Scott Morgan wasn’t surprised that College Choice ranked Rice University’s Master in Computer Science program one of the best in the United States. Rice’s program was precisely the kind of academic excellence he was pursuing.
Morgan double-majored in Statistics and Math with a Computer Science minor while on a track scholarship at the University of North Carolina. “I was focused on my training and how I ran,” he said. “It was a difficult schedule and I wanted to go somewhere else for my masters, somewhere I could just focus on academics.”
“The best part [of the Rice CS program] for me was the people I got to be in class with,” said Morgan. “To see what they would come up with, how much knowledge they were bringing to the projects.” The challenge of being in classes with people with that level of ability challenged Morgan to work even harder. “I only thought I’d had to work hard as an undergrad,” he said, “but it was nothing compared to the amount of work I’d had to put in here to keep up and get the most out of my classes.”
Morgan also credited the faculty with their commitment to teaching. “Teaching can get lost in universities with strong research programs, but I’ve had fabulous teachers at Rice.” For example, Stephen Wong incorporates real world projects to teach Software Engineering Methodology in COMP 410/539. Wong introduced the client and problem, and then told the students to pick team leaders; one of their first challenges was determining how to run their own elections, in which Morgan was elected as a Project Manager in charge of customer relations.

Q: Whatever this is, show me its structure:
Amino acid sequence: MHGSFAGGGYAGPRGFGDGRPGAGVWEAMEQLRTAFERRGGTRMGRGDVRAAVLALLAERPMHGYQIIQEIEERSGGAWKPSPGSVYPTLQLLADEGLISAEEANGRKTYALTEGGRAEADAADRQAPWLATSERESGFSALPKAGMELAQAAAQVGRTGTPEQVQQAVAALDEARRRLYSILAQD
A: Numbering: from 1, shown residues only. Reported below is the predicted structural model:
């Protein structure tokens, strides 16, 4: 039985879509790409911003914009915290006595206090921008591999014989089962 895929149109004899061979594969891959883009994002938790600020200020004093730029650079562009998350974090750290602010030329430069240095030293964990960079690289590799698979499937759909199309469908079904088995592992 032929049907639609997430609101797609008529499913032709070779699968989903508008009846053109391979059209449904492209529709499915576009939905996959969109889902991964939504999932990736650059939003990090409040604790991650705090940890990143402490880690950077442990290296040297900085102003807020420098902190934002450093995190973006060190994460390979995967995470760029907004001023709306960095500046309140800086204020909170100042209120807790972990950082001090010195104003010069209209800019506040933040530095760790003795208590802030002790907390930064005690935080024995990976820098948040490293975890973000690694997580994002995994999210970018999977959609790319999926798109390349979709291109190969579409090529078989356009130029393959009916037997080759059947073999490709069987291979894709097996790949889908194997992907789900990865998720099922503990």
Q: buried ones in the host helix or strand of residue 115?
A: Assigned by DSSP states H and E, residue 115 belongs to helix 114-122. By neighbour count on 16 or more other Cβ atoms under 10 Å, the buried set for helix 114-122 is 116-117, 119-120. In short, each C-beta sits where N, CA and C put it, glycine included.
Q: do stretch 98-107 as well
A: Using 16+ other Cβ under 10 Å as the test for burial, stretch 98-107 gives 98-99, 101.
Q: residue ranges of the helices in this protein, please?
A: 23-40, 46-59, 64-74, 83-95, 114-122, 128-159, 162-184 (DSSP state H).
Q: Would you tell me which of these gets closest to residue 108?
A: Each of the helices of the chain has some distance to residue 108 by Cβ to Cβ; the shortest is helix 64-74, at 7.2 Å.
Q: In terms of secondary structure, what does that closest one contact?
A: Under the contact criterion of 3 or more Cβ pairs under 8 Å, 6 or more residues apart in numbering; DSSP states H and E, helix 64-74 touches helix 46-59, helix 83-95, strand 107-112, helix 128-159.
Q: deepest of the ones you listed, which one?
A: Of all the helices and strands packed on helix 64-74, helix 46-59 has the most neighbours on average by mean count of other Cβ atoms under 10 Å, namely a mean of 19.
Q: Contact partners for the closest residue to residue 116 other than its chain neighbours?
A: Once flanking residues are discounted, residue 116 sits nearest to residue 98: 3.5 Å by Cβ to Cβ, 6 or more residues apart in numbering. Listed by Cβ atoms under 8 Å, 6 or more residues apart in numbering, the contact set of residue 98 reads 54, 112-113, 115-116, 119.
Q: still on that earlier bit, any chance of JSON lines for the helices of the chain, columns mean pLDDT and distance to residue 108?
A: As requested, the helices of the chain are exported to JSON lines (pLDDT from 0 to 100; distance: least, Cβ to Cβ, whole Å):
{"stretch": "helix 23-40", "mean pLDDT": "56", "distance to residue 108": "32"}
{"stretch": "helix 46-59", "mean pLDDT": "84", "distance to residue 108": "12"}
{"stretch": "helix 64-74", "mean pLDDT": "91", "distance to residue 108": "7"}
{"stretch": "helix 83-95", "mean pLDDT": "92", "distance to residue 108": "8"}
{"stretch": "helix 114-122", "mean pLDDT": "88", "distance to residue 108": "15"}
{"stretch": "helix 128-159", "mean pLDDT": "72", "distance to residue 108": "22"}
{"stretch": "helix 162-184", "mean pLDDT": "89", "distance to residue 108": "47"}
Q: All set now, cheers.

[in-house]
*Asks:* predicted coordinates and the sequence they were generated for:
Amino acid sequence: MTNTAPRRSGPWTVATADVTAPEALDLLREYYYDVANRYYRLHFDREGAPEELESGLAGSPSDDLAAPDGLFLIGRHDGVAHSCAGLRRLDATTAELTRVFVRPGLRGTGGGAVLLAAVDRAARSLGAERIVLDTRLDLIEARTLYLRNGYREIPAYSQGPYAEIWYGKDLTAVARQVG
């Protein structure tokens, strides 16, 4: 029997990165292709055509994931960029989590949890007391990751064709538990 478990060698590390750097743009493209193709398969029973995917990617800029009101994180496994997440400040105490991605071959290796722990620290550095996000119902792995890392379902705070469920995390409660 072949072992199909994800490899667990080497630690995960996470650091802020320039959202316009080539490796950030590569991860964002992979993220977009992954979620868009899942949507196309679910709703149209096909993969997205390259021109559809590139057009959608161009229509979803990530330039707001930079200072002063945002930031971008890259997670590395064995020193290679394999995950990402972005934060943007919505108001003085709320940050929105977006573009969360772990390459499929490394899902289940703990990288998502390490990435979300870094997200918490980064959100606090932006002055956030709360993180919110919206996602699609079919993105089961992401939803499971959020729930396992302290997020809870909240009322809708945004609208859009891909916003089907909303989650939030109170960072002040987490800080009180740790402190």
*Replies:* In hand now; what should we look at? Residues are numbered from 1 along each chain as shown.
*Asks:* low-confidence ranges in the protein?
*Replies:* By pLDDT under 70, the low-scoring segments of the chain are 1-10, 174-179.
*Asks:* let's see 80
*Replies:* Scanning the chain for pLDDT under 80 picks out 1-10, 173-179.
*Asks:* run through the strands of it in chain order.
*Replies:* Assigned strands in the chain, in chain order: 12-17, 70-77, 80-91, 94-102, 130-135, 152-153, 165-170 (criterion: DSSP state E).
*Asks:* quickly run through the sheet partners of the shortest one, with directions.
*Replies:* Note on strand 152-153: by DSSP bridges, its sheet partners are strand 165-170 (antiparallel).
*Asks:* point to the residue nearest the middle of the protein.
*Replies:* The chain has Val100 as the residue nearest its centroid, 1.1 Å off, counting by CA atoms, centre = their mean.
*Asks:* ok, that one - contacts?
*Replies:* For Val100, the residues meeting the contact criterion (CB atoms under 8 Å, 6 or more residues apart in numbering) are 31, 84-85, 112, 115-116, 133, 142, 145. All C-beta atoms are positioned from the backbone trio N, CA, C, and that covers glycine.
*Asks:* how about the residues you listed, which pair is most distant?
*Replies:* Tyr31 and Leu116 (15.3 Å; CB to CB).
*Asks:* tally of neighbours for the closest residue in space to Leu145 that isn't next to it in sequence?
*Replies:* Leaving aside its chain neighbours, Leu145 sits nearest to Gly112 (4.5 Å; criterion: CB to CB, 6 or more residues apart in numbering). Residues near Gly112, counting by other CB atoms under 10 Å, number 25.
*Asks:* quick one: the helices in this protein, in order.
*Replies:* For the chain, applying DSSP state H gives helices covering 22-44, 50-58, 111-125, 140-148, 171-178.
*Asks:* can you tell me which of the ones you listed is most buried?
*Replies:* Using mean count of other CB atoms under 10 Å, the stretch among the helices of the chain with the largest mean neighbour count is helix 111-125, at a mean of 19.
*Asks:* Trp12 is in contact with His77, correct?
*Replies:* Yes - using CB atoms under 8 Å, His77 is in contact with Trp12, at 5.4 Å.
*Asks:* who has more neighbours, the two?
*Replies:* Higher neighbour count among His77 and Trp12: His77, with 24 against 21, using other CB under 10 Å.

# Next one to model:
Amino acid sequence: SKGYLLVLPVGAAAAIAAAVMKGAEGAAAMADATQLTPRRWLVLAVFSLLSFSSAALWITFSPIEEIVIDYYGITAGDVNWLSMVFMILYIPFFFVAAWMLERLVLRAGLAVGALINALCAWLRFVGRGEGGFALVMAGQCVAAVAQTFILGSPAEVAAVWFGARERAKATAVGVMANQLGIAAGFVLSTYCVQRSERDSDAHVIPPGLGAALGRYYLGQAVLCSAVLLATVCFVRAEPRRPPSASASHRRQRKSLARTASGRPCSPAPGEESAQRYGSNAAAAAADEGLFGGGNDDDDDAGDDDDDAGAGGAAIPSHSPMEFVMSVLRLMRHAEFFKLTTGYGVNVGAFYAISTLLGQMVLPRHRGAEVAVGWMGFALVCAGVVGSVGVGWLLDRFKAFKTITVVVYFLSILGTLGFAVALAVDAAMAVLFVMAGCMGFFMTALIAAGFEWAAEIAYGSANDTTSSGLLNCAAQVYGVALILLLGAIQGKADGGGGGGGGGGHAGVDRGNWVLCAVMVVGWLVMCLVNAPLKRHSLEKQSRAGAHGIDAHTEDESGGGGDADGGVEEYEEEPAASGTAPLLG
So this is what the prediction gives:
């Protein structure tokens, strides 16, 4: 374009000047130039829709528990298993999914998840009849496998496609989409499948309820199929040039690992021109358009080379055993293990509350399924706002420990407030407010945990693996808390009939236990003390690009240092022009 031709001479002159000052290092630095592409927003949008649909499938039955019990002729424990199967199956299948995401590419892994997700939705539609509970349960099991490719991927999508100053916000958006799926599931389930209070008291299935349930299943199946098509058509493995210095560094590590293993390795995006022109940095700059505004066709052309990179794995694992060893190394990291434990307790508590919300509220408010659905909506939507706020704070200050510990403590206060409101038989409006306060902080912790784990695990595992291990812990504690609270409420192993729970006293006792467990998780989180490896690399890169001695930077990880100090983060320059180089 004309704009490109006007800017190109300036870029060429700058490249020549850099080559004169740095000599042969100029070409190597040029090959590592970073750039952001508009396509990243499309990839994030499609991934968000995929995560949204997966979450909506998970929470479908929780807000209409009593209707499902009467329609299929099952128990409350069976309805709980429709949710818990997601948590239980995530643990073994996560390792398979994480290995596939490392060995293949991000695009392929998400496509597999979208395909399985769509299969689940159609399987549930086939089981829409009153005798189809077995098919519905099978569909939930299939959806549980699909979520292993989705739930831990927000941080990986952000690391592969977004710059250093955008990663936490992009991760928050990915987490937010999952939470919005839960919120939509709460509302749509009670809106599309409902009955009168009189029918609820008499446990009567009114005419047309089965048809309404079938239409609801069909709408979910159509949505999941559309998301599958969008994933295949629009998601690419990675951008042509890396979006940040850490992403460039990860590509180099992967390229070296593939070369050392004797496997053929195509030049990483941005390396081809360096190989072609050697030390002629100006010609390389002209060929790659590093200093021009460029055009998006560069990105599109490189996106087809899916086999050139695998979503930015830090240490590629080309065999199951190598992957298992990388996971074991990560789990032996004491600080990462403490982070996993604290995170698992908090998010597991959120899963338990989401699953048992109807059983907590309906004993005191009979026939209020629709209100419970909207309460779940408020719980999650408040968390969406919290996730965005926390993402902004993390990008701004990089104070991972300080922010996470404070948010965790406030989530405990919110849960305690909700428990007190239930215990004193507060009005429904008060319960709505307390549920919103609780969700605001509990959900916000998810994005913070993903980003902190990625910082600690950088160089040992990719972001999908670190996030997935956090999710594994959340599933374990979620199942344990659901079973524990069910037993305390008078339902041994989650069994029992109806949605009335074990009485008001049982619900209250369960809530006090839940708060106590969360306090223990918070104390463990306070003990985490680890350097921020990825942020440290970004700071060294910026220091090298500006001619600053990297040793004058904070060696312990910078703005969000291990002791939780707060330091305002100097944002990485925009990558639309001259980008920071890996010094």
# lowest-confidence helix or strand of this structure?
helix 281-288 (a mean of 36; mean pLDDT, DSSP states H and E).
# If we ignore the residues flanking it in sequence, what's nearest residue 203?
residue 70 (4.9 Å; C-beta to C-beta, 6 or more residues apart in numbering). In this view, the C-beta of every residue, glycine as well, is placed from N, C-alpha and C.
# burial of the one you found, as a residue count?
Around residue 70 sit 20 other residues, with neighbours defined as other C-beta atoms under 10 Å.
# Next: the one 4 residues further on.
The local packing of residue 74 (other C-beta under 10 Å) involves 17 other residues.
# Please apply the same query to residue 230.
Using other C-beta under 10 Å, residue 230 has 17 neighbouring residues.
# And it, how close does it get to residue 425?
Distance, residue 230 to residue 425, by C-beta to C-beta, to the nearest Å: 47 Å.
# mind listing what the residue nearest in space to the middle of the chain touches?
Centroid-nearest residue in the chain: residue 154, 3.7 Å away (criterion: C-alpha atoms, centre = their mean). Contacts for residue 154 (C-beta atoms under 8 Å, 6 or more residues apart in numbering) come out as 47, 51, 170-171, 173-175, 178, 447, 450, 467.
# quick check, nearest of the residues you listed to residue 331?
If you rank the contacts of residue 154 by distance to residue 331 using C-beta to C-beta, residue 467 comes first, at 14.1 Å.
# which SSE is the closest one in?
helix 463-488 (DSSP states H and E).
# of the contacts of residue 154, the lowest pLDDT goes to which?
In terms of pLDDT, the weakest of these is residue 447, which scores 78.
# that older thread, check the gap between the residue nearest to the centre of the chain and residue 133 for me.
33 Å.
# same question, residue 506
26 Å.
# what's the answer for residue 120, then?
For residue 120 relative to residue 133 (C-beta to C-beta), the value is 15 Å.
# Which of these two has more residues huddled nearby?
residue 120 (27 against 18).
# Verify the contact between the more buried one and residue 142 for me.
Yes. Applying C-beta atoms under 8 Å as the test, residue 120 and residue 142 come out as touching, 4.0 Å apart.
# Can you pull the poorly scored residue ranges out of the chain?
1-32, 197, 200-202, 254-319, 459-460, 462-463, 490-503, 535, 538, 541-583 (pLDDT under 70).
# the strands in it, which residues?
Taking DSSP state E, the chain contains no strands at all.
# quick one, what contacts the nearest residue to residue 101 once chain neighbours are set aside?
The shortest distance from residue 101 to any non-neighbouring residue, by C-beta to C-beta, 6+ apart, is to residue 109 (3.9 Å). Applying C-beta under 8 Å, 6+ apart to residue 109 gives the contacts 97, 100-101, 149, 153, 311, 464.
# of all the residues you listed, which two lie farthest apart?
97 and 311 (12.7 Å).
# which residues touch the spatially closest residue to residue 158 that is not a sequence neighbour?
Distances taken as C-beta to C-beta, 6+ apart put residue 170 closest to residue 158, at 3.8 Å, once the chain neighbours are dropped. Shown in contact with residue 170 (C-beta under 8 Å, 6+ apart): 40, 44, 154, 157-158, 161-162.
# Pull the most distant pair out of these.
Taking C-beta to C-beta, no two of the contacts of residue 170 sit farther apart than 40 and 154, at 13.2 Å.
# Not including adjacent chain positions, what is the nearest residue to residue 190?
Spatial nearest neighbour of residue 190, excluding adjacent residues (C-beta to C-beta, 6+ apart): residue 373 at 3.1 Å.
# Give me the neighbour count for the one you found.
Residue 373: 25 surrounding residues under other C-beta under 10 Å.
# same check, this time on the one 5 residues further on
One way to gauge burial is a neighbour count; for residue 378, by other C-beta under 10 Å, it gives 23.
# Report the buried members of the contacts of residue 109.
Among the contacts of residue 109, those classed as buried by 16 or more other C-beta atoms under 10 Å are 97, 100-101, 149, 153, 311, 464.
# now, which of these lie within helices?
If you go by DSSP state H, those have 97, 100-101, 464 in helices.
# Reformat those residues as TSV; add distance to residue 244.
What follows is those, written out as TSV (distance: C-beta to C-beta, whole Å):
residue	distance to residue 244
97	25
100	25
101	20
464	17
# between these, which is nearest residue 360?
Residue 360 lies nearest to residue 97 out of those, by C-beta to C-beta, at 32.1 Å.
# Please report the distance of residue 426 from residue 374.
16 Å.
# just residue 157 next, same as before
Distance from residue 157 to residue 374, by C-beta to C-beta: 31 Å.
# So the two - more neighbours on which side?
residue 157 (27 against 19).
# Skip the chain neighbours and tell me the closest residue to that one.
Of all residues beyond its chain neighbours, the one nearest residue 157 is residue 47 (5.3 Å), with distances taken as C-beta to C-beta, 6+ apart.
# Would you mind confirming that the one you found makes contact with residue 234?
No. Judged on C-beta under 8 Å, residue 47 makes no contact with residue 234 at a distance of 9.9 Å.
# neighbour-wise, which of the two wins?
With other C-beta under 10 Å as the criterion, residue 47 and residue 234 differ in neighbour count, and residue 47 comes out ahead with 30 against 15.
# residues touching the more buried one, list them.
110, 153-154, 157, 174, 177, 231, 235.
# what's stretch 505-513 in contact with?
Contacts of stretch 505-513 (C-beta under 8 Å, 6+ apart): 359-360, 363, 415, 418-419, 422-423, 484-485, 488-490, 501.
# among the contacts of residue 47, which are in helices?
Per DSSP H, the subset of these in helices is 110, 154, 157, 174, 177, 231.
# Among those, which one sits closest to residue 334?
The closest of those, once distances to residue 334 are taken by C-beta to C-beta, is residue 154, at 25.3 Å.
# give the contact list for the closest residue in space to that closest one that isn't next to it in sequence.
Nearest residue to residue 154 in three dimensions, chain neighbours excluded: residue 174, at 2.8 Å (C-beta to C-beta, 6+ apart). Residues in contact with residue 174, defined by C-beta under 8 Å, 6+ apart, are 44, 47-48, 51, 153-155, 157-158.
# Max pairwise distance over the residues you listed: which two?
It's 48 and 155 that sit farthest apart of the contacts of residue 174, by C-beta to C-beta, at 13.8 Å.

Morgan said, “We looked in Sharepoint to see how the previous classes had done it, and had the online elections that night.” Grades were based on their Sharepoint journals, which prompted the students to continue using the unfamiliar tool. “We had to fill in journals every week and that is where we have the documentation for our site. We ran into issues if a team didn’t update their API in the site for other teams.”
Looking back, Morgan said most of the students realized they could have benefited from using Sharepoint more. “We used Slack most because that was most familiar to us. People would give important updates in Slack, but it would be hard to find the notes later. The search tool was good, but it wasn’t the same as having a web site like in Sharepoint.”
In addition to managing the project through collaboration tools, the students used class time for standup meetings. “The standups were a good experience,” said Morgan. “Most of the people in the class knew about standups because they had already completed impressive internships at Google, Microsoft, and places like that. But interns are usually being told what to do and this was the first time we were totally in charge.”
Following his May graduation, he began working at a hedge fund. “I got the job offer in early December,” said Morgan, who wanted to return to the Chapel Hill area and work in finance. There are not many quantitative finance firms in North Carolina, but Morgan found a small company that had done really well over the last five years with an extreme quantitative focus.
He said, “So I just sent them an email last fall, asking if they had any positions open. They weren’t hiring then, but passed my resume around. I ended up in a phone interview and a technical assessment, then they flew me in for a personal interview.”
Although he had offers from bigger firms in other industries and locations, North Carolina was calling him home.